# (6) Demonstrate aliasing by sampling a chirp

We demonstrate aliasing by sampling a linear chirp signal and then try to reconstruct the original signal using a cubic spline interpolator through the samples. Ideally, we should do this via the Shannon-Whittaker sinc function but alas not in GMT yet. As the frequency of the chirp increases we find it harder and harder to reconstruct a reasonable representation of the original signal from the samples. The morale is you need to sample data as often as you are able to. Here, we added a title slide visible for 6 seconds, then fade out to the animation. The scripts are a bit longer due to lots of little details. The finished movie is available in our YouTube channel as well: https://youtu.be/3vB53hoLsls The movie took ~3 minutes to render on a 24-core MacPro 2013.

```
#!/usr/bin/env bash
#
# We demonstrate aliasing by sampling a linear chirp signal and then try to reconstruct
# the original signal using a cubic spline interpolator through the samples. Ideally, we
# should do this via the Shannon-Whittaker sinc function but alas not in GMT yet. As the
# frequency of the chirp increases we find it harder and harder to reconstruct a reasonable
# representation of the original signal from the samples. The morale is you need to sample
# data as often as you are able to. Here, we added a title slide visible for 6 seconds, then
# fade out to the animation. The scripts are a bit longer due to lots of little details.
# The finished movie is available in our YouTube channel as well:
# https://youtu.be/3vB53hoLsls
# The movie took ~3 minutes to render on a 24-core MacPro 2013.
# 0. Initial parameters
cat << 'EOF' > inc.sh
R=-R-7.5/2.5/-1.5/2 # Fixed plot domain window
J=-JX22c/11.5c # Frame size after removing margin space
f=2 # Frequency of chirp in Hz at end time
rate=24 # Frames per seconds
frames=$(gmt math -Q 60 $rate MUL =)
EOF
# 1. Make a title slide explaining things
cat << 'EOF' > title.sh
gmt begin
echo "12 11.5 Demonstration of aliasing by sampling a linear chirp" | gmt text -R0/24/0/13.5 -Jx1c -F+f26p,Helvetica-Bold+jCB -X0 -Y0
echo "12 10.5 y(t) = cos (2@~p@~t@+2@+/60)" | gmt text -F+f36p,Times-Italic+jTC
gmt text -M -F+f14p <<- END
> 12 6.5 16p 20c j
We will simulate sampling the continuous phenomenon described by @%6%y(t)@%% every 0.5 seconds,
meaning our Nyquist frequency is 1 Hz. The samples are then interpolated with a cubic spline to
reconstruct the original signal@+*@+. At first, this works great, but as the chirp increases
in frequency we find the interpolation starts to deviate from the actual phenomenon, and eventually
the reconstruction is clearly dominated by aliased frequencies much longer than those in the phenomenon.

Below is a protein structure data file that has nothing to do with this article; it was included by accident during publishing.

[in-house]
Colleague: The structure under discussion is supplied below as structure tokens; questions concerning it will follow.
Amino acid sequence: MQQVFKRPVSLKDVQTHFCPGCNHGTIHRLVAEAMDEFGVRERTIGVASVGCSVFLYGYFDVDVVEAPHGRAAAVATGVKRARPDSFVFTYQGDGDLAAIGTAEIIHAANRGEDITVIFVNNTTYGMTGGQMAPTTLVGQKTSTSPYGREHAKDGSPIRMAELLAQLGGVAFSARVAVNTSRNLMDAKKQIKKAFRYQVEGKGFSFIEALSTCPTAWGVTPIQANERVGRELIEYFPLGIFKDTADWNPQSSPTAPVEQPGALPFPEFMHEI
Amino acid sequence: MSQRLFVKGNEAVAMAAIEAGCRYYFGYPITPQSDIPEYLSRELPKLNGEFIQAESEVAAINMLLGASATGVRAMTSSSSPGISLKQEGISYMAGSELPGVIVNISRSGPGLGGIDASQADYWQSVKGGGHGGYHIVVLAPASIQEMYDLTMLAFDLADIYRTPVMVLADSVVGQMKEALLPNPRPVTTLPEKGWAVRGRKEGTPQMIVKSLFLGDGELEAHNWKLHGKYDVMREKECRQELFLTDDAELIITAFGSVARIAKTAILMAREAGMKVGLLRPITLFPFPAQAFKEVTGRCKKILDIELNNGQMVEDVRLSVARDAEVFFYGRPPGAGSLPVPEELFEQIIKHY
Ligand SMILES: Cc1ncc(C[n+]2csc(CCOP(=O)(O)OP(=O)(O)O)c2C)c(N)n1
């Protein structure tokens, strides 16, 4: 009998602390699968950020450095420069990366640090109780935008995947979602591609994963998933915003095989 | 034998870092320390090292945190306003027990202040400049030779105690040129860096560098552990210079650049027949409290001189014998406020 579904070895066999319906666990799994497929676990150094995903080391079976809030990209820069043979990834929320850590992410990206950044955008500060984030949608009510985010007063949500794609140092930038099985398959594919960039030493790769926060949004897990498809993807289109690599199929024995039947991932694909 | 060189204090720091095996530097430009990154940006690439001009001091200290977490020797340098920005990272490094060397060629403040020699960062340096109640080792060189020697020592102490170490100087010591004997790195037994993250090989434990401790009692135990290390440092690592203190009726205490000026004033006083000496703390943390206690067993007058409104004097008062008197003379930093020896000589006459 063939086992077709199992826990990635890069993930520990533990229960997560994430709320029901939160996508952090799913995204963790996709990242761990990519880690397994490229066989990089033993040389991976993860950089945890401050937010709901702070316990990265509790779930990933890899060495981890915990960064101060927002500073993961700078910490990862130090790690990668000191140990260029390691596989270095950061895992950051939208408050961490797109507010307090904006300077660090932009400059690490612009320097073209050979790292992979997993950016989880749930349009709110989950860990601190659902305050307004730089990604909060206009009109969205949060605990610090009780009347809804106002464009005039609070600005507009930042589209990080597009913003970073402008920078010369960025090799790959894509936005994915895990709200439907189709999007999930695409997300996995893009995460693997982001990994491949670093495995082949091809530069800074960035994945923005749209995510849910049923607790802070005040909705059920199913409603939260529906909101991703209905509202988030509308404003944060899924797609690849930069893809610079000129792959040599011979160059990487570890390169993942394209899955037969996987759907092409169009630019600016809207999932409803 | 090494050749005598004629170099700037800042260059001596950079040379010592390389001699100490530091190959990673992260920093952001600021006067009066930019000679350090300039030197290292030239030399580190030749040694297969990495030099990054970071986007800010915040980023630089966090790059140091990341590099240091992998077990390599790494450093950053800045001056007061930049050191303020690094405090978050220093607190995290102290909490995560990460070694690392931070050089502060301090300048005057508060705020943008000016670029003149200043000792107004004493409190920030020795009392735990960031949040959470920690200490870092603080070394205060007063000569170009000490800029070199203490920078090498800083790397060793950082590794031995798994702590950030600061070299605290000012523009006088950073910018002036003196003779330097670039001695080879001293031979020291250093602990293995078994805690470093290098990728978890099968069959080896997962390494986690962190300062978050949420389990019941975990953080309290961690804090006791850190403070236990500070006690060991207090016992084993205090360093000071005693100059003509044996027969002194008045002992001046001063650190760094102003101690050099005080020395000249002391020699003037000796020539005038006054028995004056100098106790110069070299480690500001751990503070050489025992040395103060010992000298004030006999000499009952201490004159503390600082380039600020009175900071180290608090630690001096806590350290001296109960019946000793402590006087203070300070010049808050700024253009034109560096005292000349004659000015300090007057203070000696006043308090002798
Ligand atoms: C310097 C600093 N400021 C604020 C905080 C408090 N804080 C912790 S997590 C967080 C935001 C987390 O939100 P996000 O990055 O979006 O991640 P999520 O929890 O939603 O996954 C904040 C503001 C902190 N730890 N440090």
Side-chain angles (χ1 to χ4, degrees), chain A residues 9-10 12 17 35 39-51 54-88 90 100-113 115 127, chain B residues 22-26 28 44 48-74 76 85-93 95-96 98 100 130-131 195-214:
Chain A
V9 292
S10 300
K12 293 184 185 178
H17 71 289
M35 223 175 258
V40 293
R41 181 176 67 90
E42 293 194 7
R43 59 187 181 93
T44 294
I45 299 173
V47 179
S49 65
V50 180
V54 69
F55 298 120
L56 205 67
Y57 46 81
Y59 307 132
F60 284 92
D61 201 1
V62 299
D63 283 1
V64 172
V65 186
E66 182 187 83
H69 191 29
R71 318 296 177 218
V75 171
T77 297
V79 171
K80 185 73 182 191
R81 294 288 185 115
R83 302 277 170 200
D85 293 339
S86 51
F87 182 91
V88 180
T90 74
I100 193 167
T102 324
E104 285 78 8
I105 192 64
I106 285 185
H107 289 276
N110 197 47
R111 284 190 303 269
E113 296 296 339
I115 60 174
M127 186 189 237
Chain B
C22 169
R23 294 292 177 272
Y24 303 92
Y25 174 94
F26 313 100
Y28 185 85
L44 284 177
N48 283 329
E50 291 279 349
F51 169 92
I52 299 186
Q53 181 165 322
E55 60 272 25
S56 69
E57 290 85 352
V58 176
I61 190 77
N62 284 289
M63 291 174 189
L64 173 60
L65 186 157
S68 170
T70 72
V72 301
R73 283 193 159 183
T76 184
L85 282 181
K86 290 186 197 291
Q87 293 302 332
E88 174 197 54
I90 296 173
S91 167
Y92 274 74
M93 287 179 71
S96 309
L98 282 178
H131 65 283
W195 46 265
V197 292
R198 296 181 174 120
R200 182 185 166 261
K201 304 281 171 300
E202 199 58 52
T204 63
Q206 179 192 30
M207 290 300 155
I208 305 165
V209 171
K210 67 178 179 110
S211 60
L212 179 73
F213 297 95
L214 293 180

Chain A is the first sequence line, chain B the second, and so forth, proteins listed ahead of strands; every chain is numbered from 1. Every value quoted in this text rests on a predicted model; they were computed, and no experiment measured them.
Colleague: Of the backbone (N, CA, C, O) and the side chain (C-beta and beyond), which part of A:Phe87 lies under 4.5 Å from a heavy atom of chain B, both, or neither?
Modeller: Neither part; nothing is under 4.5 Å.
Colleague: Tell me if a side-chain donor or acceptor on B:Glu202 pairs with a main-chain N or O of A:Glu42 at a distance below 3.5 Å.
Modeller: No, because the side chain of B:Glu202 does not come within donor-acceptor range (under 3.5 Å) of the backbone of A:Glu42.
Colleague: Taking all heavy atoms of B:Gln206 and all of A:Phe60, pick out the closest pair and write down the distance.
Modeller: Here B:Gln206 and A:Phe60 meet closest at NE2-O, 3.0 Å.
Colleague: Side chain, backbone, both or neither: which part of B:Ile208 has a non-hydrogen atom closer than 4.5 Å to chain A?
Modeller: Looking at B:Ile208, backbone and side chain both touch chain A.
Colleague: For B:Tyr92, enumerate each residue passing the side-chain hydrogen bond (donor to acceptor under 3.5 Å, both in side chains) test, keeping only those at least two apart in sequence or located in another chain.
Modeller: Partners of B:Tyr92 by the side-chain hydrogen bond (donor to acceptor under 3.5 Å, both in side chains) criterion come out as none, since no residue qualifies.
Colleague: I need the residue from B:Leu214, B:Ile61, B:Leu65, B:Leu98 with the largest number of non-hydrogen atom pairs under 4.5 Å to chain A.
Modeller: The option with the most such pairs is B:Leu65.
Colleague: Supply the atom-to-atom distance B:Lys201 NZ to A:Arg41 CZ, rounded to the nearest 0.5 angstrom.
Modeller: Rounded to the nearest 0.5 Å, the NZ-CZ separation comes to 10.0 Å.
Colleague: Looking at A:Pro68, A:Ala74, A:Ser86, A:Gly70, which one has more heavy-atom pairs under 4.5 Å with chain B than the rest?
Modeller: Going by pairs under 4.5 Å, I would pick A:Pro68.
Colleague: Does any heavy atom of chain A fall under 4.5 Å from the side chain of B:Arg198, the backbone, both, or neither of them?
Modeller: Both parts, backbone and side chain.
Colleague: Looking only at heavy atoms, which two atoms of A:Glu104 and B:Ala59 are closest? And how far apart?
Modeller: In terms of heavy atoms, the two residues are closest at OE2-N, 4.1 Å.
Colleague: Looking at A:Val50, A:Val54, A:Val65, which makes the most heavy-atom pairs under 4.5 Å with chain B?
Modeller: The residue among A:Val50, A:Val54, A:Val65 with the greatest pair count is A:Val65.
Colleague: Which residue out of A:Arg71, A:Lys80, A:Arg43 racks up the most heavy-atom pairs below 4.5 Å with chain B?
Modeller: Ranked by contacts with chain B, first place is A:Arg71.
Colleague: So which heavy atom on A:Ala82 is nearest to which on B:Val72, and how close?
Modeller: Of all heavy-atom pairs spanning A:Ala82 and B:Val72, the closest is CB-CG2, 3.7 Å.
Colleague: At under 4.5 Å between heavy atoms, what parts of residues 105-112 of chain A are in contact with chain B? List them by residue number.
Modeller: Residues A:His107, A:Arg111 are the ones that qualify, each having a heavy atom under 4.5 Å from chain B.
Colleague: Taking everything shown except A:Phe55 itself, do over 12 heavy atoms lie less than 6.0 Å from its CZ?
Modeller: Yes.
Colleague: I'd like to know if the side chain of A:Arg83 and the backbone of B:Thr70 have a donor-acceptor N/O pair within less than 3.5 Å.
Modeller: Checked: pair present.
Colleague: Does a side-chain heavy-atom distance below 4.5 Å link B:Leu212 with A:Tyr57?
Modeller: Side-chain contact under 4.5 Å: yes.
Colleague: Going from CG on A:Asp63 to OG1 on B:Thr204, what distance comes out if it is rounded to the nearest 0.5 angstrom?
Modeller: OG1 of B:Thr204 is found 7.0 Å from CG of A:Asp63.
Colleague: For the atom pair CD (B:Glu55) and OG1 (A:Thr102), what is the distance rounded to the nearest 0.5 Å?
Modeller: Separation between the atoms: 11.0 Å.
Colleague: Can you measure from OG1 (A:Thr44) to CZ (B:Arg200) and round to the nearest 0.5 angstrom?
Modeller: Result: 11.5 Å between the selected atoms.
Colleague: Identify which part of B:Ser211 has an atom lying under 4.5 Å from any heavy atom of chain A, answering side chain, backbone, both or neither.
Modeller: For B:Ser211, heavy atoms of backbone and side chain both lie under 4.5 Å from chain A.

END
gmt legend -Dx12c/3.5c+w20c+jTC+l1.2 -C0.3c -F+p+gazure1 <<- END
N 3
V 0 1p
S 1.5c - 2.5c - 1p,red 3.2c Chirp (phenomenon)
S 1.5c c 0.3c blue - 2c Sampled values
S 0.5c - 2.5c - 2.5p,blue 2.2c Spline interpolator
END
echo "@+*@+Sorry, we do not have a Shannon-Whittaker @%6%sinc@%% interpolator in GMT (yet)" | gmt text -F+f10p+cBR -Dj0.5c
gmt end show
EOF
# 2. Create background plot and build data files needed in the main script
cat << 'EOF' > pre.sh
gmt begin
gmt plot $R $J -X1c -Y1c -B+gcornsilk -S1c -Ggreen <<- END
0 -1.5 t
0 +2.0 i
END
gmt basemap -Bxa2.5g10 -By0g10 --FORMAT_FLOAT_MAP=%+5.1f
# Display Nyquist frequency in lower left corner
echo "Nyquist frequency = 1 Hz" | gmt text -F+f18p,Helvetica-Bold+jBL+cBL -Dj0.3c
gmt end
# Build chirp data sets for 1 minute (60 secs); one every 1 ms and one every 0.5 sec as samples
gmt math -T0/60/0.001 T 2 POW 2 DIV 60 DIV $f MUL 2 MUL PI MUL COS = chirp.txt
gmt math -T0/60/0.5 -Ca T -C1 2 POW 2 DIV 60 DIV $f MUL 2 MUL PI MUL COS = chirp_samples.txt
gmt math -T0/$frames/1 T $rate DIV = frame_times.txt
EOF
# 3. Set up the main frame script
cat << 'EOF' > main.sh
gmt begin
# Shift the chirp in time to simulate paper movement
gmt math chirp.txt -C0 ${MOVIE_COL1} SUB = chirp_shifted.txt
# Plot the shifted chirp
gmt plot $R $J chirp_shifted.txt -W1p,red -X1c -Y1c
# Compute index of most recent sample number
last_sample=$(gmt math -Q ${MOVIE_FRAME} $rate 2 DIV DIV FLOOR RINT =)
# Extract all the old samples before the present
gmt convert chirp_samples.txt -Z:$last_sample > tmp.txt
if [ -s tmp.txt ]; then
gmt math tmp.txt -C0 ${MOVIE_COL1} SUB = samples.txt
gmt plot -Sc0.3c -Gblue samples.txt
fi
# Take a new sample every 12 frames = 0.5 seconds
take_sample=$(gmt math -Q ${MOVIE_FRAME} $rate 2 DIV MOD 0 EQ =)
if [ ${MOVIE_FRAME} -gt 12 ]; then # Interpolating up to most recent sample
gmt sample1d samples.txt -I0.001 > resampled.txt
gmt plot -W2.5p,blue resampled.txt
fi
if [ $take_sample -eq 1 ]; then # Take and plot sample at zero time
y=$(gmt math -Q ${MOVIE_COL1} 2 POW 2 DIV 60 DIV $f MUL 2 MUL PI MUL COS =)
echo 0 $y | gmt plot -Sc0.5c -Gred
fi
# Add time counter in upper left corner
printf "t = %6.3f s\n" ${MOVIE_COL1} | gmt text -F+f18p,Helvetica-Bold+jTL+cTL -Dj0.3c
# Add cycles counter in upper right corner
fnow=$(gmt math -Q ${MOVIE_COL1} 60 DIV $f MUL =)
printf "f = %6.4f Hz\n" $fnow | gmt text -F+f16p,Helvetica-Bold+jTR+cTR -Dj0.3c
# Add frame counter in lower right corner
printf "%04d\n" ${MOVIE_FRAME} | gmt text -F+f14p,Helvetica-Bold+jBR+cBR -Dj0.3c
gmt end
EOF
# 4. Run the movie
source inc.sh
gmt movie main.sh -Sbpre.sh -CHD -Iinc.sh -Tframe_times.txt -D$rate -Etitle.sh+d6s+fo1s+gwhite -Nanim06 -H8 -Zs -Fmp4 -W -V
```